While I was walking out of the carpark, I saw this colourful sign.
There was a showroom going on in the flat near us. No wonder there have been quite a number of unfamiliar people coming over. Being the inquisitive person that I am, I thought I’d stop by to take a look as I’ve never seen one before.
Like the majority of other Singaporeans, I live in a flat. These are high rise buildings which was meant to accomodate our 4.5 million (estimated) residents from overcrowding on an area of 693 km²
Inside a regular 5-room flat, the space is comfortable enough to accomodate a regular sized family. For the curious, the flat that we are staying in is 116 m² and was bought for 252k after the Selective En-Bloc Scheme.
I like the area where I am living. It had a nice suburban-ish charm to it. It wasn’t too crowded nor too still. There were plentiful of facilities around like the stadium, a small shopping center, a community center, food centers, a mosque and others. All of these were within a few minutes away from each other.
But I still have memories of our old house. I spent a huge part of my life here. It was not modern. It was only 5 storey tall, no lifts. It was a rather small, being a 3 room flat. It was a choice accomodation for the workers in the Jurong Factories nearby.
This picture of me and my brother was taken in 1985. In the background are the type of flats that we used to live in, and if you looked carefully, you can see some kids playing in the background.
If the place was still around right now, many people would probably be creeped out. I remember when I brought my classmates over for a study session. They said that the place was pretty run down and dilapidated.
But I loved the place. There were so many memories here.
Hari Raya with friends in 1994
The friends I’ve made, and how we’d play games that we made up, like ‘hantam bola’, ‘police and thief’ and catching. I remember when my best friends in primary school, Michael Tan Xue Ming and his lovely sister were the first ones who taught me how to ride a bicycle. When I was able to go around the block without any aid, it felt like such an achievement!
It was the age of innocence. Where everyone looked out for each other. I could leave the house unlocked, innocently floated some paper boats in the drain and still come back to see the house intact.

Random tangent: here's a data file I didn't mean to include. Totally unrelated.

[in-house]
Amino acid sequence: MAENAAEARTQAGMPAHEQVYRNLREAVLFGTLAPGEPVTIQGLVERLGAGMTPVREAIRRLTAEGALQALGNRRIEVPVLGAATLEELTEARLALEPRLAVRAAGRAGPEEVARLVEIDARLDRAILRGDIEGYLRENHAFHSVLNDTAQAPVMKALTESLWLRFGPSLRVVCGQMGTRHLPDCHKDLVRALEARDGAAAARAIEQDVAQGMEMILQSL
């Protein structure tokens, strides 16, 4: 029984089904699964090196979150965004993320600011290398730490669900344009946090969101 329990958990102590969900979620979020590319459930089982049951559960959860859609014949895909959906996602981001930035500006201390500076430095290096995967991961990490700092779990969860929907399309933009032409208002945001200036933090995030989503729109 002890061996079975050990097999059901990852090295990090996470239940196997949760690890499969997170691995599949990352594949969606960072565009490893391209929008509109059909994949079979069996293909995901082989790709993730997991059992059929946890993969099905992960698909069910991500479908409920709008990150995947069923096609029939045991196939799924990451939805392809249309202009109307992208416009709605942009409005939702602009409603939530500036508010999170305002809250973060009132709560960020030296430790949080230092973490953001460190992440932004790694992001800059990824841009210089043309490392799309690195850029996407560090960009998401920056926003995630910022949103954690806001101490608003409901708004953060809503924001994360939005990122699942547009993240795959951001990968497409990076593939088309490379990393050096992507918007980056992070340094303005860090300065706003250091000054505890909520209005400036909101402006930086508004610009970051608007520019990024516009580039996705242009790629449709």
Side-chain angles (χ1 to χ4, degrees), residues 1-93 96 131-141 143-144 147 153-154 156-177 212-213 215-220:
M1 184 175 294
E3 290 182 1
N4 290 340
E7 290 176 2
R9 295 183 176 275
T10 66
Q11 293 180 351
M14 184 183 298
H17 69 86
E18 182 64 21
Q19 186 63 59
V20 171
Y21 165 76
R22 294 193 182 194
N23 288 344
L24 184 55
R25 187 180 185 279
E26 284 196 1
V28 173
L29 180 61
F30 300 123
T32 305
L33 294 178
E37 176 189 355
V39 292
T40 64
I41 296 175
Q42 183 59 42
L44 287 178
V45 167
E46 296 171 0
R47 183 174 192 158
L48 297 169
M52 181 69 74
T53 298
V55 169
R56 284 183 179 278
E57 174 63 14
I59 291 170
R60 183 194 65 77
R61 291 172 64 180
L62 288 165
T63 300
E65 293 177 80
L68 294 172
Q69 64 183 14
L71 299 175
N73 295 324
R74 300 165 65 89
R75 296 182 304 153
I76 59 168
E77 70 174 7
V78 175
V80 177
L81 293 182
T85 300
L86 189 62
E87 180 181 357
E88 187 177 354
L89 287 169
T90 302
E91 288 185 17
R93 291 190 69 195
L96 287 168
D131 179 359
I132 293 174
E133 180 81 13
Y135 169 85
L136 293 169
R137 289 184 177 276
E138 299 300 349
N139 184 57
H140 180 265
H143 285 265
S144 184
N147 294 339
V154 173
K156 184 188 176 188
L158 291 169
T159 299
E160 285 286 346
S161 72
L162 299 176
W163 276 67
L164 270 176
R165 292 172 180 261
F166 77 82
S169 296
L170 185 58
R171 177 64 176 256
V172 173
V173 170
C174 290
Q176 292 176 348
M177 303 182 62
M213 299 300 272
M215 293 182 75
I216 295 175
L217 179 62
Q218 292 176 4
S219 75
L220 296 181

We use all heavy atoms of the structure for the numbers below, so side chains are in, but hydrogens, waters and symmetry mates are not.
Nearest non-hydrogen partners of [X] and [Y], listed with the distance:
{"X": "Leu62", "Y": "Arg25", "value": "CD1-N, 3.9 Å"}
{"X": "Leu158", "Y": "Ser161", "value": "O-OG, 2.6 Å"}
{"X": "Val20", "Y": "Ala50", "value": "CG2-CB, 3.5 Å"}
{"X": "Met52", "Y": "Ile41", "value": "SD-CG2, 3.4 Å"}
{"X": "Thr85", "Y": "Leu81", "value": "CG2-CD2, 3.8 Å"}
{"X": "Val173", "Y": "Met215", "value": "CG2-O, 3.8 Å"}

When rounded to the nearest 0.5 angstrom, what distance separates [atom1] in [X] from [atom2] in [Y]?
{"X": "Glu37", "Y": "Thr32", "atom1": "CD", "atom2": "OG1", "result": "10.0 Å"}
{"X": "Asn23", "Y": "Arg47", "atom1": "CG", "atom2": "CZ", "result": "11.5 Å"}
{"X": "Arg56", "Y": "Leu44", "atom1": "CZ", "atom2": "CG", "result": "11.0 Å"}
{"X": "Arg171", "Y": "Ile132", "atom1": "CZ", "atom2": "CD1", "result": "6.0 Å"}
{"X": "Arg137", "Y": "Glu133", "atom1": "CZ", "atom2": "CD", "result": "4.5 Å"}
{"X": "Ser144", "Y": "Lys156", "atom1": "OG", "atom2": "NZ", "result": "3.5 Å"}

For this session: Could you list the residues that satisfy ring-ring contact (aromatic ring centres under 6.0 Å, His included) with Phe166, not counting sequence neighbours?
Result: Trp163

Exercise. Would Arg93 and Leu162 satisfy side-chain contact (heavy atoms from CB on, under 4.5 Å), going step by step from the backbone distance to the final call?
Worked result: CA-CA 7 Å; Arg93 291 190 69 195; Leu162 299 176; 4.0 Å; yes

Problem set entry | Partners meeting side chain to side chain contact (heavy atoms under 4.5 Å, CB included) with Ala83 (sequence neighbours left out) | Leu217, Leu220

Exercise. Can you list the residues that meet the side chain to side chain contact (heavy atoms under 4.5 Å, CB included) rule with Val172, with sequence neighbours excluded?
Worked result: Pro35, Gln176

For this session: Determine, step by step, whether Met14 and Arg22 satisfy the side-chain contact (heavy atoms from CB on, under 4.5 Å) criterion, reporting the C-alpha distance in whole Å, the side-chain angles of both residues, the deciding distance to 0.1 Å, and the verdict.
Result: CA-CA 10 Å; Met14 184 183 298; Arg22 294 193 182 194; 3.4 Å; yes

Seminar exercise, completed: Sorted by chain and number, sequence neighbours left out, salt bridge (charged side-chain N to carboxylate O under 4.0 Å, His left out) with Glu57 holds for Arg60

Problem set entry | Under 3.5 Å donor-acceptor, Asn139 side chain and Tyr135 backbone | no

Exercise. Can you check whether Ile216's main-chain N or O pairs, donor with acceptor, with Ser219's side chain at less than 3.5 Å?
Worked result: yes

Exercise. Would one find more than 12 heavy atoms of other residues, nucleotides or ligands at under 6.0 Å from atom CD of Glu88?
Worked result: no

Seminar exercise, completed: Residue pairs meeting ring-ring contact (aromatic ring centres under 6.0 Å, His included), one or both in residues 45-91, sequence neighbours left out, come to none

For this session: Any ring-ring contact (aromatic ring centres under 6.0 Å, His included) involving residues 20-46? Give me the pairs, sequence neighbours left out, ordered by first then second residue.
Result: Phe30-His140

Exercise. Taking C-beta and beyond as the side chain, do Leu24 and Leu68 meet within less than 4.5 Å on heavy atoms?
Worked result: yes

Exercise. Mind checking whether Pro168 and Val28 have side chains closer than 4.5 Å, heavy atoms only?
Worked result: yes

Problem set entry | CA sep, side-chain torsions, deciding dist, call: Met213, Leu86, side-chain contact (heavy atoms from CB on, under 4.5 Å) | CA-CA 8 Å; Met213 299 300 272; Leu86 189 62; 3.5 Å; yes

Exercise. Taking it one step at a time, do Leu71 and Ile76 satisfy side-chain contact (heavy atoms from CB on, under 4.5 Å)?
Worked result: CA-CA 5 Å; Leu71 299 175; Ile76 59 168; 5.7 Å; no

I was a tomboy then. Even after a broken arm from climbing trees, a chipped tooth from overzealous showing off from the metal bar, some burnt hair, numerous bruises and scratches, I’d still feel safe here.
Looking back even further, I can still remember when mum brought me over to my grandparent’s place. My grandparents used to live and own a provision shop in Pulau Tekong before it was taken over by the government to become military training grounds.
This picture of mum and her friends was probably taken in the 1970’s. The huts in the background was a typical accommodation then. My grandparents house looked different though, being a shophouse. I cant find any pictures of them unfortunately. Many of the pictures were left during the transition.
My dad waiting at the Jetty at Tekong
There were so many things to see at my grandparents shop. There was a pulley that you can pull and a tin can will drop down. This was where change will be kept to be given to customers. At the back of the shop there were bales of cloth. I remember seeing my grandfather calculating rapidly using an a abacus. Sometimes my grandfather will ask me to accompany him to the small hut where the rice and oil was stored and I would observe him measuring the weight of the rice or carefully pump the cooking oil from huge containers using a metal pump into small individual bottles.
Mum by the cloth bale
My grandparents house was so cool.
There was so much space to run around and explore. Me and my cousins would make forts out of the things that we could find. At the backyard, my grandparents kept chickens which I would play with and sometimes if I’m lucky, one of my uncles or aunts would take a coconut to husk using a spear. We bathed in well water and it was refreshingly cold! I found simple pleasures in pulling out water from the bucket tied with string.
Try to spot the chickens!
I think the coolest thing about the place was that the neighbours kept aligators in their backyard. I’d sneak in to take a peek at those mesmerizing shiny yellow eyes. And some times, my uncle would take me and the rest of the cousins to the boat and we’d see him scrape the barnacles and shellfish from the chassis and then have some toast and kaya in the chinese coffeehouse afterwards.
I feel blessed to have such an interesting childhood 🙂
It’s a pity that I don’t have more pictures to show. I wish we had a device to capture all our memories and we can replay it ala virtual reality. Wouldnt it be great?
I’ll all treasure the memories that I had.